Tuesday, August 31, 2010

Them Two Sure Was Good Ol' Gals

Posted by Picasa

These two women, identified only as Minnie and Daisy, lived in Dixie, Idaho, around 1903. They were most likely "camp followers," as female opportunists were called who traveled to remote mining areas to seek their fortune.

Adventuresome girls, like merchants and many business entrepreneurs, made a lot of money supplying needs of prospectors like this odd-ball character at left.

Minnie and Daisy were cashing in on the last of the Old West gold rushes, the Thunder Mountain gold strike of 1898.
Located deep in Idaho's extremely remote and nearly inaccessible interior, the diggings nevertheless attracted thousands of men at the turn of the 19th Century.
Tiny Dixie remains today the last trace of civilization for travelers heading into the rugged back country. Beyond its few homes, cafe and store, the road ends and the going gets much tougher.
I've long been interested in the lives of women who came West a hundred or more years ago. I think I'd have preferred to cast my lot with the likes of Minnie and Daisy than to have been isolated with a no-fun husband on a homestead bearing children every-other year.

I probably would have balked about halfway through the trip if I'd allowed myself to be talked into going West on a wagon. I can imagine thinking, "This totally sucks;" getting madder and madder.

I can relate to an account of a fed-up woman who finally lost it on her way to the Oregon Territory in 1847. Sounds like a full-blown, pissed-off female snit fit:

"This morning one company moved on except one family. The woman got mad and would not budge nor let the children go. He had his cattle hitched on for three hours while coaxing her to go, but she would not stir. I told my husband the circumstances, and he and Adam Polk and Mr. Kimble went and took each one a young one and crammed them in the wagon and her husband drove off and left her sitting. She got up, took the back track and traveled out of sight, cut across, and overtook her husband.

"Meantime, he sent his boy back to camp after a horse that he had left and when she come up to her husband, he says, "Did you meet John?" "Yes," was the reply, "and I picked up a stone and knocked out his brains." Her husband then went back to ascertain the truth, and while he was gone, she set one of their wagons on fire, which was loaded with their goods. The cover burnt off and some valuable articles were lost. He saw flames and came running, and put it out, and then he mustered spunk enough to give her a good flogging." ("Women's Diaries of the Westward Journey," by Lillian Schlissel, copyright 1982, Schocken Books, New York.) http://www.amazon.com/Diaries-Westward-Journey-Lillian-Schlissel/dp/0805211764/ref=sr_1_1?s=books&ie=UTF8&qid=1283631296&sr=1-1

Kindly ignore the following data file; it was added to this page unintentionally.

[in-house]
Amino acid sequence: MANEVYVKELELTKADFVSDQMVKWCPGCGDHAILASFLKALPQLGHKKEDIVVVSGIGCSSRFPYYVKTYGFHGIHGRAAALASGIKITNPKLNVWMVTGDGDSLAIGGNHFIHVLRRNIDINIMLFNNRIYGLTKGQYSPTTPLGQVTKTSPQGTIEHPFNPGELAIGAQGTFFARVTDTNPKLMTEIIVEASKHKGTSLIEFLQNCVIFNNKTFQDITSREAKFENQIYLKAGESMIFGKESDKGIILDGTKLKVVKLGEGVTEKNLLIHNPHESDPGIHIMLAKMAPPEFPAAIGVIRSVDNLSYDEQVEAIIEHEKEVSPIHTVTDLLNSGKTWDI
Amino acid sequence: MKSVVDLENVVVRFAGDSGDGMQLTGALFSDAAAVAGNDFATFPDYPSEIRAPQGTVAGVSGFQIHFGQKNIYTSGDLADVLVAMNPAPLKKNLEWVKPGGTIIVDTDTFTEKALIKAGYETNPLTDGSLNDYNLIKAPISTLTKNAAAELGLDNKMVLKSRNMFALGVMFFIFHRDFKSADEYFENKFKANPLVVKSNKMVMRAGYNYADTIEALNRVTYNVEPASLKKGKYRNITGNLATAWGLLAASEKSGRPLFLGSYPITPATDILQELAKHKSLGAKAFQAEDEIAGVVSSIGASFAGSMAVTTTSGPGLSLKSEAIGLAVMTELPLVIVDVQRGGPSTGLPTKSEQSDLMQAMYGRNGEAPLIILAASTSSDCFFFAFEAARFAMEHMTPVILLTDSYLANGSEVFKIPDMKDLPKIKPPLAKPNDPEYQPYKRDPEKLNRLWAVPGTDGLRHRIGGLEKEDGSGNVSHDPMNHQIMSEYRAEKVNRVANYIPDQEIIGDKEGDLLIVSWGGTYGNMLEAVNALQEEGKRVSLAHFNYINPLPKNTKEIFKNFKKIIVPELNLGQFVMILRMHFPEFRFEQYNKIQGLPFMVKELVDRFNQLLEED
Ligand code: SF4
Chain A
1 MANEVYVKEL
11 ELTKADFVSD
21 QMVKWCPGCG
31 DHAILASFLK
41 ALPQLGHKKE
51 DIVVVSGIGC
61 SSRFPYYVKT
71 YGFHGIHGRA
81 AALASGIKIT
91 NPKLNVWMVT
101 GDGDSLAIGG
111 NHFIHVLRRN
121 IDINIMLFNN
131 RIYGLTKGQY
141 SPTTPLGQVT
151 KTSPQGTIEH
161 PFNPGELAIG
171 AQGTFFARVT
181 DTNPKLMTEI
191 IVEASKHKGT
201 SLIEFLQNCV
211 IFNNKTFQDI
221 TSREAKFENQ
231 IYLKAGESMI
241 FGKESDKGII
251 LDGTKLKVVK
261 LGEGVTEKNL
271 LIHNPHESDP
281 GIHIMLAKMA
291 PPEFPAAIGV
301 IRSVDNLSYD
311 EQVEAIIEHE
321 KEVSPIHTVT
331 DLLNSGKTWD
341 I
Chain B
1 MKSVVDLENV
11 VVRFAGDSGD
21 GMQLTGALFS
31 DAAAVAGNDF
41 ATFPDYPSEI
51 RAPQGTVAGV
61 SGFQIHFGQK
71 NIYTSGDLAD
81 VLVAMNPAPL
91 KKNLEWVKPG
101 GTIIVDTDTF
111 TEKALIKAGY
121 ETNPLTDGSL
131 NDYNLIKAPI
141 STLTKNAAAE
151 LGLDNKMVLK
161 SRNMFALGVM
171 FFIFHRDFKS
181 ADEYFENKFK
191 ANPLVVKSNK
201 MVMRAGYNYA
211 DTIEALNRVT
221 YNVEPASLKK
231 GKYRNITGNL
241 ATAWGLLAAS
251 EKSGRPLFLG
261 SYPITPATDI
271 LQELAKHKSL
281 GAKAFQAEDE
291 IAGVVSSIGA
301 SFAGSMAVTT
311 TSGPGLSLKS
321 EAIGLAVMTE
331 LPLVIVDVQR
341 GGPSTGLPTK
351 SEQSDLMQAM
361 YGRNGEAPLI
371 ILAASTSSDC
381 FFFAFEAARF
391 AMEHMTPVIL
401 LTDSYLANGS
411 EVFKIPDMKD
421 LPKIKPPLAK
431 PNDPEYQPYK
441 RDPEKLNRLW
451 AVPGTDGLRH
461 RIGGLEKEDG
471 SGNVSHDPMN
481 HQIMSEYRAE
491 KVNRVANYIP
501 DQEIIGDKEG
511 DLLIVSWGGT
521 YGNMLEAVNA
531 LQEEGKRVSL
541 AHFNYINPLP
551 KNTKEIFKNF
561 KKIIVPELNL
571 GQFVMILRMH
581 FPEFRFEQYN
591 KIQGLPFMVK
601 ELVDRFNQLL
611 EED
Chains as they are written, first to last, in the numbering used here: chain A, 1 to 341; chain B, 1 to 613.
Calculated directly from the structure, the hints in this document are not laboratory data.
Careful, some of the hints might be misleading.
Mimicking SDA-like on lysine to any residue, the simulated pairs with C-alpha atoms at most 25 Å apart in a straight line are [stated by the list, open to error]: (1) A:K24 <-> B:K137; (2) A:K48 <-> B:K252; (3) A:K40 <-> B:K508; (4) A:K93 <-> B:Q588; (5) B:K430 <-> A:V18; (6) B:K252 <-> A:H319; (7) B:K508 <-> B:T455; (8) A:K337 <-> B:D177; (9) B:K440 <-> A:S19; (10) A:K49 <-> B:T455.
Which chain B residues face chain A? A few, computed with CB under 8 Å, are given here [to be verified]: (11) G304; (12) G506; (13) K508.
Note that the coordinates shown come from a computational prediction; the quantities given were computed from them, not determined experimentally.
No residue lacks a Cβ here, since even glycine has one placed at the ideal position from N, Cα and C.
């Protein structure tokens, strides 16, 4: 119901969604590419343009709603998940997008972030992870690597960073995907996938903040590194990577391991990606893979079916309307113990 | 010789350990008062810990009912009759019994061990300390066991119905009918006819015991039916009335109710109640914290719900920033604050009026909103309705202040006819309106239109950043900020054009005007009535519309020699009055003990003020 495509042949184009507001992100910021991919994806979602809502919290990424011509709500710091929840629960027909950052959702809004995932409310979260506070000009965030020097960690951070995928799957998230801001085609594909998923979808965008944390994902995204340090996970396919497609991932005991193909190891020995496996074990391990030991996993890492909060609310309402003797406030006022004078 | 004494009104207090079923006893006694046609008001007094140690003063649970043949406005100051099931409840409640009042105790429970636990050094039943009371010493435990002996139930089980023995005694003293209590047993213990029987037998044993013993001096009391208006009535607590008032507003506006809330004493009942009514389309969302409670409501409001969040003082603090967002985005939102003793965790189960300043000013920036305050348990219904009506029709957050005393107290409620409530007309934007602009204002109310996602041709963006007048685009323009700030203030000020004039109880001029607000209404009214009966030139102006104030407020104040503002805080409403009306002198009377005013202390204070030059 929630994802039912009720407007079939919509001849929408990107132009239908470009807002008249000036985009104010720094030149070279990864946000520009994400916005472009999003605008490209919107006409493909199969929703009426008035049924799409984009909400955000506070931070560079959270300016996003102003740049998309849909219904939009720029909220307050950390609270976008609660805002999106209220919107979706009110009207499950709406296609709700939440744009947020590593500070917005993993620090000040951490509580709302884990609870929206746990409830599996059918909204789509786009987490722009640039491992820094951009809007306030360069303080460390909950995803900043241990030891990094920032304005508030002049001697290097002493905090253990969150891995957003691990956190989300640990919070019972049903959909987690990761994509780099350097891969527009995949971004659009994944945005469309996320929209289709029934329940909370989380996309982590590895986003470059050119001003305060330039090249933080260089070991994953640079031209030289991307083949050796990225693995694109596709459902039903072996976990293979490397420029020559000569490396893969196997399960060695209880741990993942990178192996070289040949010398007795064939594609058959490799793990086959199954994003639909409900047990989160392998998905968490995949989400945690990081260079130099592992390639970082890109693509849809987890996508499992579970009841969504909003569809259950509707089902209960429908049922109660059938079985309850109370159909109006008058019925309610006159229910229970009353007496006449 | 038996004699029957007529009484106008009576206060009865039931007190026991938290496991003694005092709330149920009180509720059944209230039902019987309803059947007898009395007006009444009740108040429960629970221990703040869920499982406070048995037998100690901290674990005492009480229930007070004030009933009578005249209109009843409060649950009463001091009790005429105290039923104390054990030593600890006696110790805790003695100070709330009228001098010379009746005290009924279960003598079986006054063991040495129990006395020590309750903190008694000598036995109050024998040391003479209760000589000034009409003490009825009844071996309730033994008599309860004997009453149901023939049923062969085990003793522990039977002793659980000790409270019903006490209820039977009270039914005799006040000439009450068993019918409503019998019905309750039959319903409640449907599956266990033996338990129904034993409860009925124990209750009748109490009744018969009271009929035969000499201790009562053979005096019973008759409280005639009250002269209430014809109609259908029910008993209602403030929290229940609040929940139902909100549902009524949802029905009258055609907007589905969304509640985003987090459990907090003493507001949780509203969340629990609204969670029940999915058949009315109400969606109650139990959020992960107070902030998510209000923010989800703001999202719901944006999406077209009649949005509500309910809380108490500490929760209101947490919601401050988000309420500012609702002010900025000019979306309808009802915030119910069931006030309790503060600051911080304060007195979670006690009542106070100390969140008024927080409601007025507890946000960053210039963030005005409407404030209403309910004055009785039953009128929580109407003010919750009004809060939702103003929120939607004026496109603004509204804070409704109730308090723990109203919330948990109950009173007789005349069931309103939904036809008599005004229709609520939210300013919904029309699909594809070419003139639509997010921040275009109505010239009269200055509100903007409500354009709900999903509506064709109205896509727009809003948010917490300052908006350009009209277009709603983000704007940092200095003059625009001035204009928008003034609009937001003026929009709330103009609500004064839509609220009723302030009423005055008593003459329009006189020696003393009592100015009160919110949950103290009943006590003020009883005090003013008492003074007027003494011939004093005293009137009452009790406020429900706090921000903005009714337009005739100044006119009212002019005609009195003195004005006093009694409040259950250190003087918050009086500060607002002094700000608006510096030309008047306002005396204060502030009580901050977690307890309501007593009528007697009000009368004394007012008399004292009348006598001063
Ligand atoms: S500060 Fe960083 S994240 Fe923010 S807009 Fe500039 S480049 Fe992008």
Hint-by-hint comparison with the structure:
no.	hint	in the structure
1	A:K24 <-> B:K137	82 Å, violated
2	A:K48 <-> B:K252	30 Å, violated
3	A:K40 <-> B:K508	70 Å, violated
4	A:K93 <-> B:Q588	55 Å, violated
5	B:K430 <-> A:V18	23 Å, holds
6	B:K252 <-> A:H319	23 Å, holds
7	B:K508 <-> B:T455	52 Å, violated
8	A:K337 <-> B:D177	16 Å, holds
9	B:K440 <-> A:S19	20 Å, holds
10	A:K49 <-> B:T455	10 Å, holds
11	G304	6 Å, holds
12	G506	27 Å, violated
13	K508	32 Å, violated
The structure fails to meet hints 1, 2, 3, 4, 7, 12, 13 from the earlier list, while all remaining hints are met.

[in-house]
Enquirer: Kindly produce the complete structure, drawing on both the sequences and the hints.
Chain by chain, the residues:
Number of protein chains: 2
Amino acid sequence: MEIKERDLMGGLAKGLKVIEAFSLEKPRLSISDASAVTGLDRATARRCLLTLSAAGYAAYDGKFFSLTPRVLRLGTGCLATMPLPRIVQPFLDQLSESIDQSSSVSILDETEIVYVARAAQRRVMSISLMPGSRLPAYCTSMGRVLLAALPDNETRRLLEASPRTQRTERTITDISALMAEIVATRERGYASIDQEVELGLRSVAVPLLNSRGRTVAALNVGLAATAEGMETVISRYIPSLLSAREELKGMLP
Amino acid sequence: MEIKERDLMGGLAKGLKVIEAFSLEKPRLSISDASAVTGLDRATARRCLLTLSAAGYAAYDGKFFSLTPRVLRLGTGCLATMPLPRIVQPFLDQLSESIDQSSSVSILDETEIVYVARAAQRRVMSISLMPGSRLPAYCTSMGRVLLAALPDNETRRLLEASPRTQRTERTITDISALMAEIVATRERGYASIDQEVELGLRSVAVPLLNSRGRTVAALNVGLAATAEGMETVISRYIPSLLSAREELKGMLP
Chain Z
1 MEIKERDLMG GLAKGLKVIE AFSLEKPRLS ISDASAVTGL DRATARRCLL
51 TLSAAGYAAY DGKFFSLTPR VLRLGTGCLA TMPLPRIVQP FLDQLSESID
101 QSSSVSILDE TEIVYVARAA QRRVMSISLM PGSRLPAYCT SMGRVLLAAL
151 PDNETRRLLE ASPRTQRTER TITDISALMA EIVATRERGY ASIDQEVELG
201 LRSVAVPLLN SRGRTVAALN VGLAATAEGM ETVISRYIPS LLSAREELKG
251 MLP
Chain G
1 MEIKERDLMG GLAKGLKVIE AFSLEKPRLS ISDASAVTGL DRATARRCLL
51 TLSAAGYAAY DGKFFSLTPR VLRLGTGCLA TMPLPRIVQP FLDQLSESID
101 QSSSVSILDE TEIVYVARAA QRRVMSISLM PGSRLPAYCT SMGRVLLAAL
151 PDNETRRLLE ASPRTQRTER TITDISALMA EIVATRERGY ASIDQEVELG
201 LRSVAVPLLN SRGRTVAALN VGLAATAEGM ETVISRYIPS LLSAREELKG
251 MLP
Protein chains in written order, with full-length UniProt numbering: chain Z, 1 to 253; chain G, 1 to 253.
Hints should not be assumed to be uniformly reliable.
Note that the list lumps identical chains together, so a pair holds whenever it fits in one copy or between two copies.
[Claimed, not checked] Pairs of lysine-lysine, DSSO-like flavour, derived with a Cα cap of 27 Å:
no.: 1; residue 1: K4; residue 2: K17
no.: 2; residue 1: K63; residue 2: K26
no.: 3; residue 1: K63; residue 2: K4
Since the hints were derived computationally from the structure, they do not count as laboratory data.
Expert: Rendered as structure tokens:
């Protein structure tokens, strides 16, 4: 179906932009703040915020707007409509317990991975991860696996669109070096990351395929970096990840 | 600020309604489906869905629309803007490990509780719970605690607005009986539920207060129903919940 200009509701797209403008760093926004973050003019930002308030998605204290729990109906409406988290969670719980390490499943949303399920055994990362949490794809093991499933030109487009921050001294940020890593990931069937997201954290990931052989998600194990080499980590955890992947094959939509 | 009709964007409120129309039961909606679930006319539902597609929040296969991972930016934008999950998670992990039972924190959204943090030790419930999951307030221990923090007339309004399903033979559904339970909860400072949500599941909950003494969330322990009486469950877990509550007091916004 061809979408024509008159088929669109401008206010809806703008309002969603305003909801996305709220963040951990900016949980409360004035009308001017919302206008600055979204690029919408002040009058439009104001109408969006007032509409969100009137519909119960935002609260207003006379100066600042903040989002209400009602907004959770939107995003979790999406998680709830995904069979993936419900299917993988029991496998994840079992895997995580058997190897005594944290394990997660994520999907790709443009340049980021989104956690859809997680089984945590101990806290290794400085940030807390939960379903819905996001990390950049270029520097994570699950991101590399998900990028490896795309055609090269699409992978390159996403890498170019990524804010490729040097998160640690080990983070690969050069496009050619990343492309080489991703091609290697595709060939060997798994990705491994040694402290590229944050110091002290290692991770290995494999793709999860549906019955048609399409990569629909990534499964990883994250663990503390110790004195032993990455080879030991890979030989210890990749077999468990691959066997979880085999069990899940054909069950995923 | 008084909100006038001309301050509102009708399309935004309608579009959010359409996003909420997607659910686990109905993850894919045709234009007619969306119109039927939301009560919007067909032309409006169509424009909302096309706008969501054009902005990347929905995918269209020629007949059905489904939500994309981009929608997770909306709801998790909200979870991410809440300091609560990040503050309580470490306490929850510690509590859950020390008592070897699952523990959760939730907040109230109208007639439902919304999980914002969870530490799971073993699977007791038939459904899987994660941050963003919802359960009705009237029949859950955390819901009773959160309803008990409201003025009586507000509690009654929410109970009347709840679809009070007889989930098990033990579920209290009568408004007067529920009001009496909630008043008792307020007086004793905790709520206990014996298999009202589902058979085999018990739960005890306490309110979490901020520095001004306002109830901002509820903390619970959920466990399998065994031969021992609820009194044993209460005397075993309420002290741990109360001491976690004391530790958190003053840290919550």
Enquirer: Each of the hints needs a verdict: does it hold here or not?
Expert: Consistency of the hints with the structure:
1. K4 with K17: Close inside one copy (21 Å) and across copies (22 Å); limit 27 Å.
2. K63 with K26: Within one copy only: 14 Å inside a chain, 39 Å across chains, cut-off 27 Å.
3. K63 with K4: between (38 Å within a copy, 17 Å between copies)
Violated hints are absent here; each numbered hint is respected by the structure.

As a veteran of many heated discussions with my late husband in our nearly 40 years, I think this woman had decided she was done with this marriage. She had to have known when she'd crossed the line where her husband was sure to become enraged. (I think it was probably when she lit the wagon on fire, don't you?)

I knew where that line was in my marriage and trust me, I always backed off of it. Every relationship has its loaded emotional nuclear warheads that, once fired, pretty much signal the end of the partnership.

I've always wondered what happened to this couple but of course there's no way of knowing. Maybe when she finally got out West, the woman dumped her old man and ran off to San Francisco.

That's what I'd have done, especially after being "flogged." Figuring anything would be better than that, I'd have hooked up with some good old girls like Minnie and Daisy, made a bunch of money and perhaps even had a few good times along the way.

Maybe that's because I've come to realize the enormous value in having at least one really good girlfriend in my life. The support and companionship of your own gender is priceless.

We all need to vent to someone we can trust sometimes. It keeps us from torching the wagons.


  1. You speak the truth, amen.

  2. What an interesting story, and very true words! I'd wait to set the wagon on fire until after I got to San Francisco, though, myself!

  3. Love this post Donna! I can't even imagine the spunk it took to be single women traveling during this time. Love that photo of Minnie and Daisy.

  4. LOVED this Donna! I'm with you on all counts. What a great photo!

  5. Ah some real history! Or a they sometimes say... herstory. I love it. Thanks Donna


Thanks for enabling my writing habit. I live for feedback.